|Serra Retreat Center, Malibu|
The whole thing begins simply enough … the disciples say to Jesus, Teach us how to pray.
The disciples reminded Jesus that John taught his disciples to pray … so maybe Jesus outta get on with it?
Whatever the motive, it’s a universal thing.
This business of prayer.
Because the world is so big.
And we’re so small.
And we know it.
And we hope there’s a god out there somewhere!
Let’s be honest.
We’d all like a little help now and then from the gods.
Protection for loved ones.
Healing from disease.
A little more money in the bank.
Human beings pray
We’re profoundly and incurably religious.
Ancient caves thousands of years old reveal drawings and artifacts of religious activities …
History might well be read as a story of what we worship and what we think the divine beings want of us.
Life is full of religion:
Song and dance.
Art and music.
Holy men and holy women.
Rituals and rites.
Good luck charms.
Spilled salt thrown over our shoulder.
Don’t walk under a ladder.
Don’t step on sidewalk cracks.
Go to church and say our prayers.
If there’s something out there, we’d like it to be on its side.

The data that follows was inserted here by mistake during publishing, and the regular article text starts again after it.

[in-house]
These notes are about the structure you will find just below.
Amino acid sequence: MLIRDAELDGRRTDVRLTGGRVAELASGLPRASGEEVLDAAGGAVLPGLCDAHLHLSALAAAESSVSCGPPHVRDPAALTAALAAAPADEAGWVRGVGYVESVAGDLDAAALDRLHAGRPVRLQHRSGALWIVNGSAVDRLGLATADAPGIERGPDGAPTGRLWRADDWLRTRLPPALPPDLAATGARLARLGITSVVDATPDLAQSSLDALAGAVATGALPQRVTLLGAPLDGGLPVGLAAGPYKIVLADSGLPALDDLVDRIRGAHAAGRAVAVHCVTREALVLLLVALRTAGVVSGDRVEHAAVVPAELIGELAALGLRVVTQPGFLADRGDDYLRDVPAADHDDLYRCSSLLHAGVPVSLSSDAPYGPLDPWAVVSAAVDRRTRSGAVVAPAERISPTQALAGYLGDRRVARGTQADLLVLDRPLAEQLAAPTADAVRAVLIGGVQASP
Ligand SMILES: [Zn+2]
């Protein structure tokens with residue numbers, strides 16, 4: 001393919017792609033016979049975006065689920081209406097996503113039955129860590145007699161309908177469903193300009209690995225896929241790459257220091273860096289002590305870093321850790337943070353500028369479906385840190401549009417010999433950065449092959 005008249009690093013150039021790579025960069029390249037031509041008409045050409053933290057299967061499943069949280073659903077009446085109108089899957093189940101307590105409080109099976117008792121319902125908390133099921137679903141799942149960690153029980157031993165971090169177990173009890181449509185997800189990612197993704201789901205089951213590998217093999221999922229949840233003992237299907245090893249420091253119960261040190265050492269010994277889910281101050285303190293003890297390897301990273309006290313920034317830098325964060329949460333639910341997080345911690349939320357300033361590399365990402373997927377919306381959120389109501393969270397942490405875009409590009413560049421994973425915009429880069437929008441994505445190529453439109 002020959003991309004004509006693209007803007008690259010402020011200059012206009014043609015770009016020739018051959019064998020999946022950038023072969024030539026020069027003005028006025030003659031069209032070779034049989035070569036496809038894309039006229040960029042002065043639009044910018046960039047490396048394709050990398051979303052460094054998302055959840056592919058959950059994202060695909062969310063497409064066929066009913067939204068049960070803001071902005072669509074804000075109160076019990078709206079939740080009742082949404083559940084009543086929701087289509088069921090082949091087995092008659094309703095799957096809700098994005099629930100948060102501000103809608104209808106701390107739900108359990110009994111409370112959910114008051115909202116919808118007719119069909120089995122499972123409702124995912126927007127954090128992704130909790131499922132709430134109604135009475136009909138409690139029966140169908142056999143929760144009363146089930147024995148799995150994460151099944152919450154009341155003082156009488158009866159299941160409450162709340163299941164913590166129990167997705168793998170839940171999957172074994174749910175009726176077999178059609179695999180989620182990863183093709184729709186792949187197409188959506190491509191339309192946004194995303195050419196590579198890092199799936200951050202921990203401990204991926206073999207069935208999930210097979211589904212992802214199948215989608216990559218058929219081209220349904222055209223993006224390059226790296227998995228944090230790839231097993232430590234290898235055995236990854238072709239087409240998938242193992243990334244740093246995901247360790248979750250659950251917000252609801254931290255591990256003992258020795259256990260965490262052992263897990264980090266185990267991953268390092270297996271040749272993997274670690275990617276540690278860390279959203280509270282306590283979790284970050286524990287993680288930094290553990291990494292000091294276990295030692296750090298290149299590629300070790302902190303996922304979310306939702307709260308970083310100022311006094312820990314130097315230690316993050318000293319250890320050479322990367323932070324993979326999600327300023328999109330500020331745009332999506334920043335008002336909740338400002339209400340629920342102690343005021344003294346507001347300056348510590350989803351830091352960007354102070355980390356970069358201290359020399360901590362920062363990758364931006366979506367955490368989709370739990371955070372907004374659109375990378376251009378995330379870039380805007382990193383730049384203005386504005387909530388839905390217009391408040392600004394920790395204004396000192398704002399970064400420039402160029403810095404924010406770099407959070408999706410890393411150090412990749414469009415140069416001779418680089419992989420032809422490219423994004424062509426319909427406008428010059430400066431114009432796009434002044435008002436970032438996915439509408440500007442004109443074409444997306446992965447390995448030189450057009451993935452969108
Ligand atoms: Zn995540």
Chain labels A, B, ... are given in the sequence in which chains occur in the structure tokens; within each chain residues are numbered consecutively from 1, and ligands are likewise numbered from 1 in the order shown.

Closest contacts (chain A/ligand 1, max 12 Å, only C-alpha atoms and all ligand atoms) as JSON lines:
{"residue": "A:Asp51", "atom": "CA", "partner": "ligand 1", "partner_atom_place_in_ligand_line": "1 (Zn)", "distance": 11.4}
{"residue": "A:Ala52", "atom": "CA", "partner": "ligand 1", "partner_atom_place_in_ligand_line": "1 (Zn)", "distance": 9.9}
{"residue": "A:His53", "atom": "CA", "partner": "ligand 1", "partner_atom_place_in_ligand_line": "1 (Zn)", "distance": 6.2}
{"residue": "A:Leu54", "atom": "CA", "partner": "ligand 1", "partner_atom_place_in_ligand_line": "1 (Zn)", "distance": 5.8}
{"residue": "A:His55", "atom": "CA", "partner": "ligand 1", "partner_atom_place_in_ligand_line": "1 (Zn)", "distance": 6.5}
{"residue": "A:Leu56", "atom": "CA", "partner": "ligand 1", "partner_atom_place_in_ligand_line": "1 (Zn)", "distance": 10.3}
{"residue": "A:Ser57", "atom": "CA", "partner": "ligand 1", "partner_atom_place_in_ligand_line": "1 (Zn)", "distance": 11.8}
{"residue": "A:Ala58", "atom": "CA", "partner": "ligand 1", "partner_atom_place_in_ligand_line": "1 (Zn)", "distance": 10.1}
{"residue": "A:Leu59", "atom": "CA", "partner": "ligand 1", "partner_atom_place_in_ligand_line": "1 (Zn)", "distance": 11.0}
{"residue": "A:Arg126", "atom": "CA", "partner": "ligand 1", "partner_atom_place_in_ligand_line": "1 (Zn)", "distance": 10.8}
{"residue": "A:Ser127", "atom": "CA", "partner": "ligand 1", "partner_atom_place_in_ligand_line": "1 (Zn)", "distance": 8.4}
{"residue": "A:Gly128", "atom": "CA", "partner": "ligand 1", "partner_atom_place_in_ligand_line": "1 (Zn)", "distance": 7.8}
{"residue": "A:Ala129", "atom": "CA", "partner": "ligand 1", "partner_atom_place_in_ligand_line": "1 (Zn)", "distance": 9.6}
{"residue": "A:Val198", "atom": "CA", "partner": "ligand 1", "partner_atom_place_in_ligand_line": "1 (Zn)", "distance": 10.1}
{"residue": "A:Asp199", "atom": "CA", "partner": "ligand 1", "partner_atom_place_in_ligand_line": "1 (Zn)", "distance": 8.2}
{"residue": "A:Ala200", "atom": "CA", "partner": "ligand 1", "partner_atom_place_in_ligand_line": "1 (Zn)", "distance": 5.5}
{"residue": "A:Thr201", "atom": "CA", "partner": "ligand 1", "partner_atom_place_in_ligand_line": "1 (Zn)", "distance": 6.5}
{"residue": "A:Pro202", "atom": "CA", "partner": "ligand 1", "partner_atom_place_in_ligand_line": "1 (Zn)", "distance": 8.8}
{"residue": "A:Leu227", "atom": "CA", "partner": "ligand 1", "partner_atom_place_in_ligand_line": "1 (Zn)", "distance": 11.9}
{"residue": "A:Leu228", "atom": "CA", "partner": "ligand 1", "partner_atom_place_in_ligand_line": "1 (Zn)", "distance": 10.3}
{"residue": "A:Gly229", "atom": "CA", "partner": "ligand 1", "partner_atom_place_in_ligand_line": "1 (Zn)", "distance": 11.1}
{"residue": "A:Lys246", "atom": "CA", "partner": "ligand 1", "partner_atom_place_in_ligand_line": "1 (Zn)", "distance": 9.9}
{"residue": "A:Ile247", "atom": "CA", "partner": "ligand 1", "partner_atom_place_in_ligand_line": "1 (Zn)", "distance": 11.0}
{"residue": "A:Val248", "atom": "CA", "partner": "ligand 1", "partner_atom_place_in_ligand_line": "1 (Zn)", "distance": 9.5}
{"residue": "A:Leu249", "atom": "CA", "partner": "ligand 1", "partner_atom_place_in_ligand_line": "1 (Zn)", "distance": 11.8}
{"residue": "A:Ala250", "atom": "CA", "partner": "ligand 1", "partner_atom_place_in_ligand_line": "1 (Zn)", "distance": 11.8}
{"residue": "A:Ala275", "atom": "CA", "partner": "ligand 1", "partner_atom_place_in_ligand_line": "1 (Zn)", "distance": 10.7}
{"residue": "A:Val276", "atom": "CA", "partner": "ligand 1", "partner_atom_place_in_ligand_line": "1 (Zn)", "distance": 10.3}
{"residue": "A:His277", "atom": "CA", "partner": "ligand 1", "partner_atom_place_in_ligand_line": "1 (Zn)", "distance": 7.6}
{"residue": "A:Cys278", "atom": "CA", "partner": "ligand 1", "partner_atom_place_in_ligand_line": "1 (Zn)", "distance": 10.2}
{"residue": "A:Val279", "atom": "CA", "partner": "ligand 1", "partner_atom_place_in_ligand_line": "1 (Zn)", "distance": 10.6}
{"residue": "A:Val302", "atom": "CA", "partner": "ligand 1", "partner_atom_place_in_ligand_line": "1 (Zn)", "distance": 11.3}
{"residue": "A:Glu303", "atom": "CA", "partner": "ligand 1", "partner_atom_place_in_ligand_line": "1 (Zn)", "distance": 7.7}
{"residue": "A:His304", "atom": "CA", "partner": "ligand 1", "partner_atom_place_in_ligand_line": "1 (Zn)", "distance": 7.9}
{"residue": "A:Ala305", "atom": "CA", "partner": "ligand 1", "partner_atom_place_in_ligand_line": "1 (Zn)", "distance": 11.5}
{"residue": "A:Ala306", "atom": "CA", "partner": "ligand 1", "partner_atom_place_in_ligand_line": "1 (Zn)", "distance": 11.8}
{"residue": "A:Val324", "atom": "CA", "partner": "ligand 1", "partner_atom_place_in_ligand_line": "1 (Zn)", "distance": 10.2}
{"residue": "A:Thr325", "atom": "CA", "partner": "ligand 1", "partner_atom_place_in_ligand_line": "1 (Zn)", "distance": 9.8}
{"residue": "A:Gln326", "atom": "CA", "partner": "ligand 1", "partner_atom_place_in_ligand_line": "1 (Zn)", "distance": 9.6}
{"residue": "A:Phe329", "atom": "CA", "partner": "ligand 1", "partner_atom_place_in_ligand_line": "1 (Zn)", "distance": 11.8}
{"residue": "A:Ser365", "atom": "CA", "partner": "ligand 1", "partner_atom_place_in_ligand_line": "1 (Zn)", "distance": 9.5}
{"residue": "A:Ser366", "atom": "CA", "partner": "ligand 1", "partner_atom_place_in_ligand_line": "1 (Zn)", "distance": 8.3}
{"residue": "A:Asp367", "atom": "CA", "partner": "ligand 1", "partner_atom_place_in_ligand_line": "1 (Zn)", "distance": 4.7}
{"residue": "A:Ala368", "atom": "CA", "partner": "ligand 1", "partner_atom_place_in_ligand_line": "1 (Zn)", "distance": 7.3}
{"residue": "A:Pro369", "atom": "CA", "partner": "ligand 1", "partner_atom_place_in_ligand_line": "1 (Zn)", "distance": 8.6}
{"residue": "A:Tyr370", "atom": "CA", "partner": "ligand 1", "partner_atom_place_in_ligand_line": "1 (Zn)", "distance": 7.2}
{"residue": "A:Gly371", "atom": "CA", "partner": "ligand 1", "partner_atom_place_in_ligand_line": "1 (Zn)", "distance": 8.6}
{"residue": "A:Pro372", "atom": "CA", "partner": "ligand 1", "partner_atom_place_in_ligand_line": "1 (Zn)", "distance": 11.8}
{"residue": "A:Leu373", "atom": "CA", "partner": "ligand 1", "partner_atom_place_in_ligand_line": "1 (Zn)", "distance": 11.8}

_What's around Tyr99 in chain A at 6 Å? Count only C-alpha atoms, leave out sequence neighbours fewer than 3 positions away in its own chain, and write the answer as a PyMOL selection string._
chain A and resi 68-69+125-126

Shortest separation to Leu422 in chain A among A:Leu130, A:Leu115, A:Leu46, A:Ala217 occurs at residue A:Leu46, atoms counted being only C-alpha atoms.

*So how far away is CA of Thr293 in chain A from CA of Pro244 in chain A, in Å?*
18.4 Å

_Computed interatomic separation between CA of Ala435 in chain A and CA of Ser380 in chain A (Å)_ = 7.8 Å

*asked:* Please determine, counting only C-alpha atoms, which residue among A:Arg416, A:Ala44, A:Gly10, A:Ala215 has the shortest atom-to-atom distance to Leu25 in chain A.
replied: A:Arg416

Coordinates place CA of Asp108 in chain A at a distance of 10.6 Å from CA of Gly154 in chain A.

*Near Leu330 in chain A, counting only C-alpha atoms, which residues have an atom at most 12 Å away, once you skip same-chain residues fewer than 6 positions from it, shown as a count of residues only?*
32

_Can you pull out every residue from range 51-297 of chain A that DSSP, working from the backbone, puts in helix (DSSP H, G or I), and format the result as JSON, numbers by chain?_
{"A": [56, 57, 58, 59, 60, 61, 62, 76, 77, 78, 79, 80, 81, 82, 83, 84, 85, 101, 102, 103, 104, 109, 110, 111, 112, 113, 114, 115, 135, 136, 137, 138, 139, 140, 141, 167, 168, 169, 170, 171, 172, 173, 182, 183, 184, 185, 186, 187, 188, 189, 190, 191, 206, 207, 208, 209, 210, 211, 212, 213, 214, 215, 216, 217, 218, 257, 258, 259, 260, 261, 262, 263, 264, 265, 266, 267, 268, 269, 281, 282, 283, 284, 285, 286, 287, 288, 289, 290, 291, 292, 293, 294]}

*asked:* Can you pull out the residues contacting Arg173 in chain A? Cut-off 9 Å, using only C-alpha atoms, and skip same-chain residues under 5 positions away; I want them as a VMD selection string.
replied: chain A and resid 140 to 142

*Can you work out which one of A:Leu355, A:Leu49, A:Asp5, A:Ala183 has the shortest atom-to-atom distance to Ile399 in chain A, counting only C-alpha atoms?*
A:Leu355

Prayer is a big business.
Google prayer … 77 million results, .13 seconds …
Go to a book store …
How to pray …
What to pray …
Ancient prayers …
New prayers …
Traditional prayers with thee and thou …
Hip prayers for the young …
Prayers of comfort for the old …
Prayers for parents.
Prayers for children …
You name, we’ve got prayers.
Prayer is a big business.
Teach us how to pray, said the disciples to Jesus.
Simple enough …
And Jesus offers a simple prayer, When you pray, pray like this …
And thus the LORD's Prayer …
Let’s say it together this morning …
Our Father, who art in heaven,
Hallowed be thy name.
Thy kingdom come,
Thy will be done,
On earth as it is in heaven.
Give us this day our daily bread.
And forgive us our debts,
As we forgive our debtors.
And lead us not into temptation,
But deliver us from evil.
For thine is the kingdom and the power and the glory forever. Amen!
We can do no better then to pray The LORD's Prayer.
Pray it often.
All sorts of ways:
Pause on each line.
Devote a day to one line.
Let it sink in.
Our Father who art in heaven.
The LORD's Prayer is clear.
Honor God and pray for the stuff of life – bread and forgiveness.
But one line is strange.
Hazard a guess?
You got it,
Lead us not into temptation.
Let’s do some work.
The word can also be translated “testing.”
In Genesis 22, it says, God tested Abraham.
It’s quite a story, but God had to find out what kind of a man Abraham was.
God had to do some testing.
And we know the rest of the story.
God asks Abraham for his son.
The very next day, early in the morning, Abraham loads a mule with wood, and off he goes with his beloved son Isaac … three days trek to a mountain, a high place, to meet God and God’s awful demand, and on that mountain, Abraham builds an alter, places wood on it, binds his son and lays him on the alter, to sacrifice him to God.
At the very moment when Abraham has the knife in hand, ready to do the deed, the LORD calls out, Abraham, Abraham.
Now I know, says the LORD.